Comparing landscape mutations and progression of childhood tumors vs adult tumors

The recent advances in whole-exome sequencing (WES) and whole-genome sequencing (WGS) –– with increasingly efficient and lower costs –– has led to studies such as these cancer-screening analyses presented here [attached]. In the main article (page 321), authors examined sequences of whole exomes (all the protein-coding regions in the genome), as well as whole genomes for 961 pediatric cancers representing 24 tumor-types, with emphasis on central nervous system tumors. In the Letter article (page 371), authors used similar analyses to characterize 1,699 pediatric cancers across six types of cancer, emphasizing leukemias. The data in these two papers provide valuable insights into the mechanisms that shape the genomic landscape of childhood cancers.

Adult cancers frequently involve multiple genetic changes that together drive cancer progression, including mutations of one or a few DNA bases, and larger changes called structural variants (insertions & deletions; indels) that span more than 1,000 bases. Such drivers can be shared across cancer types. One of the most meaningful and exciting out­comes of the current studies is their confirma­tion that the genomic landscape of childhood cancers differs from that of adult cancers. Previous studies of individual pediatric cancer types have shown they have fewer mutations and structural variants, on average, than do adult cancers.

However, these current pan-cancer analyses (genome-wide screen of numerous cancer types in many patients) take this theme further –– systematically highlighting four key differences between childhood and adult cancer genomes. [a] There are fewer mutations and structural variants in pediatric cancers than in adult cancers. [b] Pediatric cancers are frequently defined by a single driver gene. [c] Different genes are mutated in pediatric, compared with adult, cancers. [d] Perhaps most intriguingly, driver mutations tend to be specific to individual pediatric cancer types, with minimal over­lap across tumor types (this is in contrast to adult cancers, which more frequently share mutations across types).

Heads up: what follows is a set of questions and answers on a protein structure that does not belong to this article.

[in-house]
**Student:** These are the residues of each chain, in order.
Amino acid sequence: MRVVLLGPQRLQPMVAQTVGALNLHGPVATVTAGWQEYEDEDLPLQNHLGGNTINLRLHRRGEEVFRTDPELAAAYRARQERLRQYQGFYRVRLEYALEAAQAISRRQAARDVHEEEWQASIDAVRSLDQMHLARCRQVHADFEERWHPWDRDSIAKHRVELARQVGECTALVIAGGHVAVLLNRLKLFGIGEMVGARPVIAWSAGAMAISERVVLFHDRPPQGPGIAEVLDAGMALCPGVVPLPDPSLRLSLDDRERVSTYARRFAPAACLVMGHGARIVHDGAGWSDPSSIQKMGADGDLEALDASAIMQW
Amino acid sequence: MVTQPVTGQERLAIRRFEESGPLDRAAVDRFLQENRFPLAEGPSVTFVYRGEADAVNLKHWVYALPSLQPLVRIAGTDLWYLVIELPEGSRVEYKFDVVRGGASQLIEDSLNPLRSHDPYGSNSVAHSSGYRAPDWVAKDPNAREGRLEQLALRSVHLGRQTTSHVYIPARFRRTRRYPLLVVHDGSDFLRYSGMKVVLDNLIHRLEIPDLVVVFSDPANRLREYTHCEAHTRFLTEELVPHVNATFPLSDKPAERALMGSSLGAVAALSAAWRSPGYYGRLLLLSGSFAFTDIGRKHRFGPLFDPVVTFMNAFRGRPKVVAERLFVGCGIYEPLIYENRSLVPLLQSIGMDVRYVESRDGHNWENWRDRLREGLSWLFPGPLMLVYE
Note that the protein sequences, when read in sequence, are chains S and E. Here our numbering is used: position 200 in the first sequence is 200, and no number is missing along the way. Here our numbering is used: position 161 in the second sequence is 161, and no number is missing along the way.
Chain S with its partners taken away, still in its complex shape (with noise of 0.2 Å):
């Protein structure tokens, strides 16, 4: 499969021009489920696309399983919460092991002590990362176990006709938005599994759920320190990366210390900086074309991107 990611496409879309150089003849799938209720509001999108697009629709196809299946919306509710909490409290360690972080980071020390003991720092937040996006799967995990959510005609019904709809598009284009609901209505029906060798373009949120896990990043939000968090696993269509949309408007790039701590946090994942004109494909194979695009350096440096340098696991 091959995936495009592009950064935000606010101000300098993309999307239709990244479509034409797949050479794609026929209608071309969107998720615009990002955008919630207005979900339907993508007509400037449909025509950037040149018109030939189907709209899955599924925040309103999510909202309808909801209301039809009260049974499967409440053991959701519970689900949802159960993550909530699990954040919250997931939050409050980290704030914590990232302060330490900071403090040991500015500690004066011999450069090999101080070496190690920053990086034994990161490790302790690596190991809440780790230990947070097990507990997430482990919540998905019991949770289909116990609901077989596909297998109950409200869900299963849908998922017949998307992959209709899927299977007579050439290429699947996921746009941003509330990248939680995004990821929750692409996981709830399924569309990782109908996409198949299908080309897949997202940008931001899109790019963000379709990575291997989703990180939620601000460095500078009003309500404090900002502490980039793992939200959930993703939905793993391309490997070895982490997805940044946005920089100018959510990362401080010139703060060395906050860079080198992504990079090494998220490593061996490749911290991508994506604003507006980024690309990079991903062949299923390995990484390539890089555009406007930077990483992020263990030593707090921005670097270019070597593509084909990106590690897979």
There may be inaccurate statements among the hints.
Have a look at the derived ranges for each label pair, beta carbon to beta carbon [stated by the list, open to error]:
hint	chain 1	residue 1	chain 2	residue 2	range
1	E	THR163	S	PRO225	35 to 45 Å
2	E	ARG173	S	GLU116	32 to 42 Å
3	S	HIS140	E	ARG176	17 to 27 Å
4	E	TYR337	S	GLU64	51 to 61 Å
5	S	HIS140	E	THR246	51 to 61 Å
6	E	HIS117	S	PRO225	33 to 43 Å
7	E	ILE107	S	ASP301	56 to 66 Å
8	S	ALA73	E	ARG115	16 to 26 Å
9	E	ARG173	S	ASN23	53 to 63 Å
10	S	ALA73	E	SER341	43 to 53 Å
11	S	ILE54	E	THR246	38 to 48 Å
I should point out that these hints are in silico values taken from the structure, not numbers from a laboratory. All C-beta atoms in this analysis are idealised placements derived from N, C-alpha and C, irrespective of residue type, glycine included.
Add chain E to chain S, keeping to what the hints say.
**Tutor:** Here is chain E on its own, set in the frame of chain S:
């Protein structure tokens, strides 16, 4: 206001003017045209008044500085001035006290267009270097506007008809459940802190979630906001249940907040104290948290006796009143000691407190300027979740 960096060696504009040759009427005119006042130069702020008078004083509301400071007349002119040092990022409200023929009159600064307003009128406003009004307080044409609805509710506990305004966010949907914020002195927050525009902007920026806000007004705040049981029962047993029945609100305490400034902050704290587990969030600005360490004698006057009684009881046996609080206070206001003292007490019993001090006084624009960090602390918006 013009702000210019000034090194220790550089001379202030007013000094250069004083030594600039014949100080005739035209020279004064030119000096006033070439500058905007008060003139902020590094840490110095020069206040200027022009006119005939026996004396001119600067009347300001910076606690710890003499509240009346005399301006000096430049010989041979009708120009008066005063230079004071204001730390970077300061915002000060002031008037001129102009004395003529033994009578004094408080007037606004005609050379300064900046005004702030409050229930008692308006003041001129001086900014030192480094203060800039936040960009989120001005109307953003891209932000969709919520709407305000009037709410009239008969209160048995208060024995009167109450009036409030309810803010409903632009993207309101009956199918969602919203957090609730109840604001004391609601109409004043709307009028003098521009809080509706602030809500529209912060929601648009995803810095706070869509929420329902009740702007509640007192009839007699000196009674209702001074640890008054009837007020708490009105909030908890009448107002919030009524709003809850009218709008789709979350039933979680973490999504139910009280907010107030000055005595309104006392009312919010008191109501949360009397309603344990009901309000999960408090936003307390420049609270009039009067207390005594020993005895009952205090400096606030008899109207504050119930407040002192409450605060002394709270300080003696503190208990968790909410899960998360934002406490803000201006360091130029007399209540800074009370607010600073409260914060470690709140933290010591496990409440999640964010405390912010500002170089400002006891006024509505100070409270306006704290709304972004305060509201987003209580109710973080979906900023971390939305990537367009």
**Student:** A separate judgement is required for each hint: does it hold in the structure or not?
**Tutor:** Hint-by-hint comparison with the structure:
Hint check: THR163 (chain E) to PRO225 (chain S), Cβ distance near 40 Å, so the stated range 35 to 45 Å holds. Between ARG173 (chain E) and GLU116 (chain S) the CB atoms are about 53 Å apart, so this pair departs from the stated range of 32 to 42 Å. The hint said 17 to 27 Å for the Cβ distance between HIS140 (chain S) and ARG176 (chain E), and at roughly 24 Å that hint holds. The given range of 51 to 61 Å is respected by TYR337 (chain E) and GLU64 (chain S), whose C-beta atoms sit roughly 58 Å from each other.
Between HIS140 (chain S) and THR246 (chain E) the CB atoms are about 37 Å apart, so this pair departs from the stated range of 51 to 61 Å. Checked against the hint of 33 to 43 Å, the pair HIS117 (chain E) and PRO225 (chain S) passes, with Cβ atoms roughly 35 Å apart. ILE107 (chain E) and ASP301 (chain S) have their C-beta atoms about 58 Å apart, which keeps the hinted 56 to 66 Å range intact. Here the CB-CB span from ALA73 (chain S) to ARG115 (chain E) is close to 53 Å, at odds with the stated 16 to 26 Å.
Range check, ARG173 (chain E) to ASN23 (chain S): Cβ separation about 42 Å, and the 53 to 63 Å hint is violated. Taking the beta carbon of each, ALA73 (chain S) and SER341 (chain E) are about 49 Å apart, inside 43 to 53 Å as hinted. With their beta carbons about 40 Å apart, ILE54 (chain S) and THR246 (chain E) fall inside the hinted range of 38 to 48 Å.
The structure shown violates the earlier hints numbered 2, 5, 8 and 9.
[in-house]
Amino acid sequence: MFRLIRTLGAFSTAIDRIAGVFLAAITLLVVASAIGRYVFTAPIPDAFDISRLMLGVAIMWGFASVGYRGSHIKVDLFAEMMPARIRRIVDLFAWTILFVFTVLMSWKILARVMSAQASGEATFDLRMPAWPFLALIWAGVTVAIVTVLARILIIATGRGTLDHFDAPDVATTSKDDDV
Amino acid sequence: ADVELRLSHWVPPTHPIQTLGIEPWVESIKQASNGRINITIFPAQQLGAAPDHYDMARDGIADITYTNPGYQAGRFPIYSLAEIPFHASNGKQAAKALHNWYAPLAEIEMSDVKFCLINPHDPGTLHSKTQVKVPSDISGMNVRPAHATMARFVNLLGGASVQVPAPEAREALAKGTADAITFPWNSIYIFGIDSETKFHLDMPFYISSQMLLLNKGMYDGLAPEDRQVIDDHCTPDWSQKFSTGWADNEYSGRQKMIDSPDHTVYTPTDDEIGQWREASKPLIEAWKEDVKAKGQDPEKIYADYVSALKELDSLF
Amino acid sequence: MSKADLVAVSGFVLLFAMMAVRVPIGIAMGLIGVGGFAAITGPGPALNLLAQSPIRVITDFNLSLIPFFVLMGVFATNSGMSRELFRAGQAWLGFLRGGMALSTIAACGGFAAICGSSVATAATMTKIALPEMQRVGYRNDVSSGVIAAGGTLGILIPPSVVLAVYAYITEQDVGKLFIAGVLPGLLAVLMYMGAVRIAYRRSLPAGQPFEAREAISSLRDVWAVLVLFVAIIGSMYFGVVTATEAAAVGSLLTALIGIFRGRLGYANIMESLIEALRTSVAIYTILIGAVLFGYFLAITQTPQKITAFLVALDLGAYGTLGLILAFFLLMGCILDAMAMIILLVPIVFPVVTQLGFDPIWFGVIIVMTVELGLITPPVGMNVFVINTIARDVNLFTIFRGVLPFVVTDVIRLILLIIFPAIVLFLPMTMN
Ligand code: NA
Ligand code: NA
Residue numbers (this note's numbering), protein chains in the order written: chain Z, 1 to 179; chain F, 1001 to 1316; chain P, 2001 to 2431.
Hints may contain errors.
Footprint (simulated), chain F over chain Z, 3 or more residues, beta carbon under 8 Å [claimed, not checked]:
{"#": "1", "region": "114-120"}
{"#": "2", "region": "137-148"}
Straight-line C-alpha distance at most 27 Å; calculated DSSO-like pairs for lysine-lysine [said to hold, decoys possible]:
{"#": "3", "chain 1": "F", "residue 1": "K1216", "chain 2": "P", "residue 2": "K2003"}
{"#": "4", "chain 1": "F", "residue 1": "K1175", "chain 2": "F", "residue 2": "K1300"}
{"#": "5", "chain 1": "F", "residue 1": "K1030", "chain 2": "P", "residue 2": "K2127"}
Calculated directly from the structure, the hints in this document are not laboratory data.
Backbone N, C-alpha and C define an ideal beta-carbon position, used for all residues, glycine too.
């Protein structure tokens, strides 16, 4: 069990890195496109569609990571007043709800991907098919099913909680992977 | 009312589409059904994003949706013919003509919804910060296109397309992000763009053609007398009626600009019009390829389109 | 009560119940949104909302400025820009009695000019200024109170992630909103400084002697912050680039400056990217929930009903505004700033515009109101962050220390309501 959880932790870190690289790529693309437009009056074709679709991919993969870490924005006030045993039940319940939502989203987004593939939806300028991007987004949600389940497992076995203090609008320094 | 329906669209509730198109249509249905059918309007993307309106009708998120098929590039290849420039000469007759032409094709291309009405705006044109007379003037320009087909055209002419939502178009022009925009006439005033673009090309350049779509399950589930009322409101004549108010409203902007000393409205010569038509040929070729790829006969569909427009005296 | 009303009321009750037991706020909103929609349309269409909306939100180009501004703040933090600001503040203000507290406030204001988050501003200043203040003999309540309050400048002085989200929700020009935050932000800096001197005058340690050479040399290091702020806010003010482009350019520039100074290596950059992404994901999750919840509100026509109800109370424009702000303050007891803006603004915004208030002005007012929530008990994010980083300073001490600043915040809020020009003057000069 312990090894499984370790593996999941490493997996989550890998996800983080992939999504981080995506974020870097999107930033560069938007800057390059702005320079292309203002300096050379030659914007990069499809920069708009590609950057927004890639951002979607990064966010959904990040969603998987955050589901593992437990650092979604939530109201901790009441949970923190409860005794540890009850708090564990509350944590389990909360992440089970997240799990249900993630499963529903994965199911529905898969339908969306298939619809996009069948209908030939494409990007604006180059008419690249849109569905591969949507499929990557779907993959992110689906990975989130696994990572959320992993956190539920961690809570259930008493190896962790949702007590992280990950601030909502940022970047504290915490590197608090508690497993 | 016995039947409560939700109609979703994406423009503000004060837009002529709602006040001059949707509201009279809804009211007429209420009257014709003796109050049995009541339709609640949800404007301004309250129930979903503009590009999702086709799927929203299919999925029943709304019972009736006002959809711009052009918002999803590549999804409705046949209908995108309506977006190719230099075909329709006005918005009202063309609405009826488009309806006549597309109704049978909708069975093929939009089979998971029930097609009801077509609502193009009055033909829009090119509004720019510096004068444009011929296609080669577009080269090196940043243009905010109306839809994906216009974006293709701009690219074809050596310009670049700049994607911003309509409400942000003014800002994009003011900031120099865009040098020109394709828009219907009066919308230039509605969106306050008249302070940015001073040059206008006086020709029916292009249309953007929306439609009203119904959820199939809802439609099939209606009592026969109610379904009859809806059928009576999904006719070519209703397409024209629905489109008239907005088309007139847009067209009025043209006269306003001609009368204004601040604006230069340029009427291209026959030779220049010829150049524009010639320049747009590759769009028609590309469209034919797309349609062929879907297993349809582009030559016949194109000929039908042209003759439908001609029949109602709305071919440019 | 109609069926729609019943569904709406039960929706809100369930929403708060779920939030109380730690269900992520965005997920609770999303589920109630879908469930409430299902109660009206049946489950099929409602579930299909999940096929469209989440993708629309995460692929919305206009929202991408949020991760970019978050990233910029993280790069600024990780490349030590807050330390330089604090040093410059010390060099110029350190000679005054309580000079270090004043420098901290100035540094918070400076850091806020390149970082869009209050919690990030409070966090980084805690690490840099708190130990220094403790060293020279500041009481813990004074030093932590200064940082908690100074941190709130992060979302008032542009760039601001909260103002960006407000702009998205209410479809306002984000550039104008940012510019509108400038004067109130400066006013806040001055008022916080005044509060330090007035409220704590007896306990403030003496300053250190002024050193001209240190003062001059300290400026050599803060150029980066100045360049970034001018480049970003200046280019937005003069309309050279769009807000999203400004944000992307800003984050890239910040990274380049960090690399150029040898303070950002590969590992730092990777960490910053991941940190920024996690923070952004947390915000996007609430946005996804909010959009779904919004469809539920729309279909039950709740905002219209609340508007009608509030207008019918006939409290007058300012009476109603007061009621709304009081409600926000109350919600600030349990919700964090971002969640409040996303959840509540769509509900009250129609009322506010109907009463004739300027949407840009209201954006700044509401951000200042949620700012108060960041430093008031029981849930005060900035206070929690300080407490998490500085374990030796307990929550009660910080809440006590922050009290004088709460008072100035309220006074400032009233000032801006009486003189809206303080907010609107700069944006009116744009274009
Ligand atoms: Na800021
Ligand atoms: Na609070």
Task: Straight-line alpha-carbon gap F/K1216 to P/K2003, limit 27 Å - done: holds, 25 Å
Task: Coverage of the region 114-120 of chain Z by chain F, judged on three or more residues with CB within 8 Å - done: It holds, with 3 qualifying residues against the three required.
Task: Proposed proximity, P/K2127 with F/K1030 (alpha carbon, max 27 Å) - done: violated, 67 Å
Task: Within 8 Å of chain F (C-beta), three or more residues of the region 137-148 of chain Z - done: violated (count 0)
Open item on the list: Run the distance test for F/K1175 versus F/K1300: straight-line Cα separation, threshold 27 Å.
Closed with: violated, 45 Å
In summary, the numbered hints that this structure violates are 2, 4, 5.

These exciting data provide a comprehensive genomic architecture for pediatric cancers and emphasize the need for childhood-cancer-specific development of precision therapies. Moreover, almost half of the pediatric tumors harbor a potentially druggable intracellular signaling-pathway –– which should be highly relevant for the design of future childhood clinical trials.

Nature 15 Mar 2018; 555: 321–327 [full article] & 371–376 [Letter] & 316–317 [News-N-Views]

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